Concurrent session: Terry Monell
Psychological Impact of Medical Intervention: Past, Present and Future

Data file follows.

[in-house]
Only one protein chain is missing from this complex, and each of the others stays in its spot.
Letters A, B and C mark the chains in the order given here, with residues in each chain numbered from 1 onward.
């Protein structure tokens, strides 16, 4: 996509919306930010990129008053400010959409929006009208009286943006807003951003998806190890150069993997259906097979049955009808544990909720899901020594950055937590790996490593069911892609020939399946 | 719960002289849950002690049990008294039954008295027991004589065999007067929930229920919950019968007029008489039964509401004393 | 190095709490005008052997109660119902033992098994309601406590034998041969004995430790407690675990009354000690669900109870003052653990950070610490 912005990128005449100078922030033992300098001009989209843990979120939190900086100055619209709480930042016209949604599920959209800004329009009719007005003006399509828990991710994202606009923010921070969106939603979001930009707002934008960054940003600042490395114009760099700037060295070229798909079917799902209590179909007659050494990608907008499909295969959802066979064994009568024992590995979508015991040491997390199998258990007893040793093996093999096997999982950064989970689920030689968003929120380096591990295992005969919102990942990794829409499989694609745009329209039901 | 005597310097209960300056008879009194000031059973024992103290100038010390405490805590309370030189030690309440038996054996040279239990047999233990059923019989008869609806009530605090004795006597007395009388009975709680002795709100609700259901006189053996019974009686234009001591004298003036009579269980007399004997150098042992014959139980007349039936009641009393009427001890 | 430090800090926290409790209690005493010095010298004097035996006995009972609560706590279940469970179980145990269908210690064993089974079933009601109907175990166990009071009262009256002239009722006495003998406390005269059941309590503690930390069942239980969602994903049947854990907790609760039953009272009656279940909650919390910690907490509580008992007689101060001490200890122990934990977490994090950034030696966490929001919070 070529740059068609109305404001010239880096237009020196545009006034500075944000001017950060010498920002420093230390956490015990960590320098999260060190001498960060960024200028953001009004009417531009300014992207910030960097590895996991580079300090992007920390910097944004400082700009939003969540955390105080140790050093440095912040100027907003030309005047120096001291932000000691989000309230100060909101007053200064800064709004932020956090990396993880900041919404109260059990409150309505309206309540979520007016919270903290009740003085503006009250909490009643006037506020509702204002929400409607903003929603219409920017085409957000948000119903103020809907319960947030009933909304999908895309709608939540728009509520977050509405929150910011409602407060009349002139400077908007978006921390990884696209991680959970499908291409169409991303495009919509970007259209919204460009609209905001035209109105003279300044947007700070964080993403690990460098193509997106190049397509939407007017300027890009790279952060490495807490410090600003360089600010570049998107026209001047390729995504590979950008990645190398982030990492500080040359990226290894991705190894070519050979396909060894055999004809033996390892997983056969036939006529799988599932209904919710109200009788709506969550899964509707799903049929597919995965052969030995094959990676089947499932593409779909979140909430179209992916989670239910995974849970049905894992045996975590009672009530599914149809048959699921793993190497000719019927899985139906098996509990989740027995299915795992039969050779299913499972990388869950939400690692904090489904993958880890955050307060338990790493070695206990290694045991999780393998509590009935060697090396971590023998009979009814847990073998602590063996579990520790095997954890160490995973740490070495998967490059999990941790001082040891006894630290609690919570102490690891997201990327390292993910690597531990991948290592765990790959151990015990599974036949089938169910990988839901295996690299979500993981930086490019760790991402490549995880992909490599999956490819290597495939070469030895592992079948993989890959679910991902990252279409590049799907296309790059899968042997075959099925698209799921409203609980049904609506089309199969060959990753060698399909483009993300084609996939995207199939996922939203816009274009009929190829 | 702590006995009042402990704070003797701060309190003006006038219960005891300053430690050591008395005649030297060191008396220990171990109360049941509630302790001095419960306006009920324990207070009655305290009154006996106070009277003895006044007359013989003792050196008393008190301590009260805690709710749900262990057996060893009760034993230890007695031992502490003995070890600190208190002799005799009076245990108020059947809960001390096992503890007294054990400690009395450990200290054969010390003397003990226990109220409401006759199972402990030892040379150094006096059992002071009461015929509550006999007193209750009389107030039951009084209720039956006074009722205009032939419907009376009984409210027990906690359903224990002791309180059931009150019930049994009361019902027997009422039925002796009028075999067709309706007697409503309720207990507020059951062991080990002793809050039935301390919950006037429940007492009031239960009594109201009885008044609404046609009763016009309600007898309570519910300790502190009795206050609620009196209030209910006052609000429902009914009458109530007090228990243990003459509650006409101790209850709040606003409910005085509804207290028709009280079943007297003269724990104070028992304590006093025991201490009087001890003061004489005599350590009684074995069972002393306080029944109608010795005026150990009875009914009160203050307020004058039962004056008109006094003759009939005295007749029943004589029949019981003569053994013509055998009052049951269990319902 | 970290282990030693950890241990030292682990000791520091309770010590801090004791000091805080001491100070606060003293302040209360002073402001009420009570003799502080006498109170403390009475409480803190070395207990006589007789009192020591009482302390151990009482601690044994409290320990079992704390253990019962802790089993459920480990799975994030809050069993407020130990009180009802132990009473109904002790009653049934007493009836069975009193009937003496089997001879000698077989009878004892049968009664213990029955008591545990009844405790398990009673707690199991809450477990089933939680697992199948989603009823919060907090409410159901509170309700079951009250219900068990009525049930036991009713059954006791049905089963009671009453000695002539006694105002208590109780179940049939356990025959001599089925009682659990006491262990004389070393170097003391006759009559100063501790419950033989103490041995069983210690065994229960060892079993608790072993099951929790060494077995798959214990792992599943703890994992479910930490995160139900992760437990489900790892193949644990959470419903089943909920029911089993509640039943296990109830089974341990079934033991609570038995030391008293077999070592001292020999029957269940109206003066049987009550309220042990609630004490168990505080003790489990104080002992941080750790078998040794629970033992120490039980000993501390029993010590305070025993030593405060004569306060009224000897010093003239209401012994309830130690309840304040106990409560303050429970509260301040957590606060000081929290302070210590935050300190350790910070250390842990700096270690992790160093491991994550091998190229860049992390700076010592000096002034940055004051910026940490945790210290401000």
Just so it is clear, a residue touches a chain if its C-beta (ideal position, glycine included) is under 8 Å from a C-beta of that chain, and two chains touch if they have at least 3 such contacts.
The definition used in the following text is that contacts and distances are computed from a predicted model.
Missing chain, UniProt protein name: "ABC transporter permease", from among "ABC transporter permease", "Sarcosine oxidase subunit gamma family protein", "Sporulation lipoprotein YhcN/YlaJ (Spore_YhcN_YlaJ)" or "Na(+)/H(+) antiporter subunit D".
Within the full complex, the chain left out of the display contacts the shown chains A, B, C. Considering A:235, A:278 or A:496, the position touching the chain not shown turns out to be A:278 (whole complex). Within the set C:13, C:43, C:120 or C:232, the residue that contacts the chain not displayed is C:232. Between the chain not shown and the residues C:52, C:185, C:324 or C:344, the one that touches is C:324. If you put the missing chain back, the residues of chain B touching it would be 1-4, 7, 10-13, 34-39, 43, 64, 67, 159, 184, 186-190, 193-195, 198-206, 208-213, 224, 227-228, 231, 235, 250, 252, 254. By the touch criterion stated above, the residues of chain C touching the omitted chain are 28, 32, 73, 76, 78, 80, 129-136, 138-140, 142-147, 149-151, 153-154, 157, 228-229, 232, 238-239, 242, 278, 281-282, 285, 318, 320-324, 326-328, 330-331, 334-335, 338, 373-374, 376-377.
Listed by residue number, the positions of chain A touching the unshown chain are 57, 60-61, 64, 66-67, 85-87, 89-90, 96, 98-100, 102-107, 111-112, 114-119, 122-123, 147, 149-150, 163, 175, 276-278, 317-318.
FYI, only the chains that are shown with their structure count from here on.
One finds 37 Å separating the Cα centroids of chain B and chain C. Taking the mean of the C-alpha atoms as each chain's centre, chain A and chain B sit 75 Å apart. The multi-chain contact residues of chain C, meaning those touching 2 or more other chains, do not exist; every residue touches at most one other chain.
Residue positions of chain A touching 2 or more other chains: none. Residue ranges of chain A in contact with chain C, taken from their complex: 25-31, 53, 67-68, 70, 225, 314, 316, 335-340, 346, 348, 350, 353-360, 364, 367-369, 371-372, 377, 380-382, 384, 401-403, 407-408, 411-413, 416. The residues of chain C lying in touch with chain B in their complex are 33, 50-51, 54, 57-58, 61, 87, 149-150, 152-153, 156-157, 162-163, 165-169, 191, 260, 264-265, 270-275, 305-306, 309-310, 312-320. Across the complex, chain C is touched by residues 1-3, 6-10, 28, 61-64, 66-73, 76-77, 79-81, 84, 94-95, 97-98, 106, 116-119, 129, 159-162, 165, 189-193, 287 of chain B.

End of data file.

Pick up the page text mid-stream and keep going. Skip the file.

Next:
Medical intervention has been a largely unrecognized cause of early developmental trauma. The misconception that infants could not feel or remember pain created a torturous protocol excluding them from the administration of anesthesia as a pain preventative during surgical procedures until 1987. Operations were endured in full blown metabolic shock under the influence of an immobilizing paralytic. This history, which pertains to anyone over 24, will be reviewed in terms of the sensory perception of pain, the predominance of right brain development as the infant’s primary consciousness and the legacy of cellularly imprinted implicit memory. This population serves as example for the importance of realizing that like all experience dependent learning overwhelming medical treatment and repeated exposure to painful stimuli can and does set the context for life long problems of multi- system physiological imbalance with interpersonal and intrapersonal dysfunction and a predisposition to psychological disorders including PTSD. Mitigating pain for invasive procedures remains in need of critical focus today with more than five million pediatric surgeries and more than 500,000 preterm births annually often requiring long term hospitalizations and significant pre and post operative pain. Research and studies demonstrate that these issues define and shape the quality of the life to be lived just as clearly as saving the life itself. Only by incorporating an increased awareness into the environment of medical care can the potential for healthy psychological growth be in cooperative synchrony with healthy physical recovery.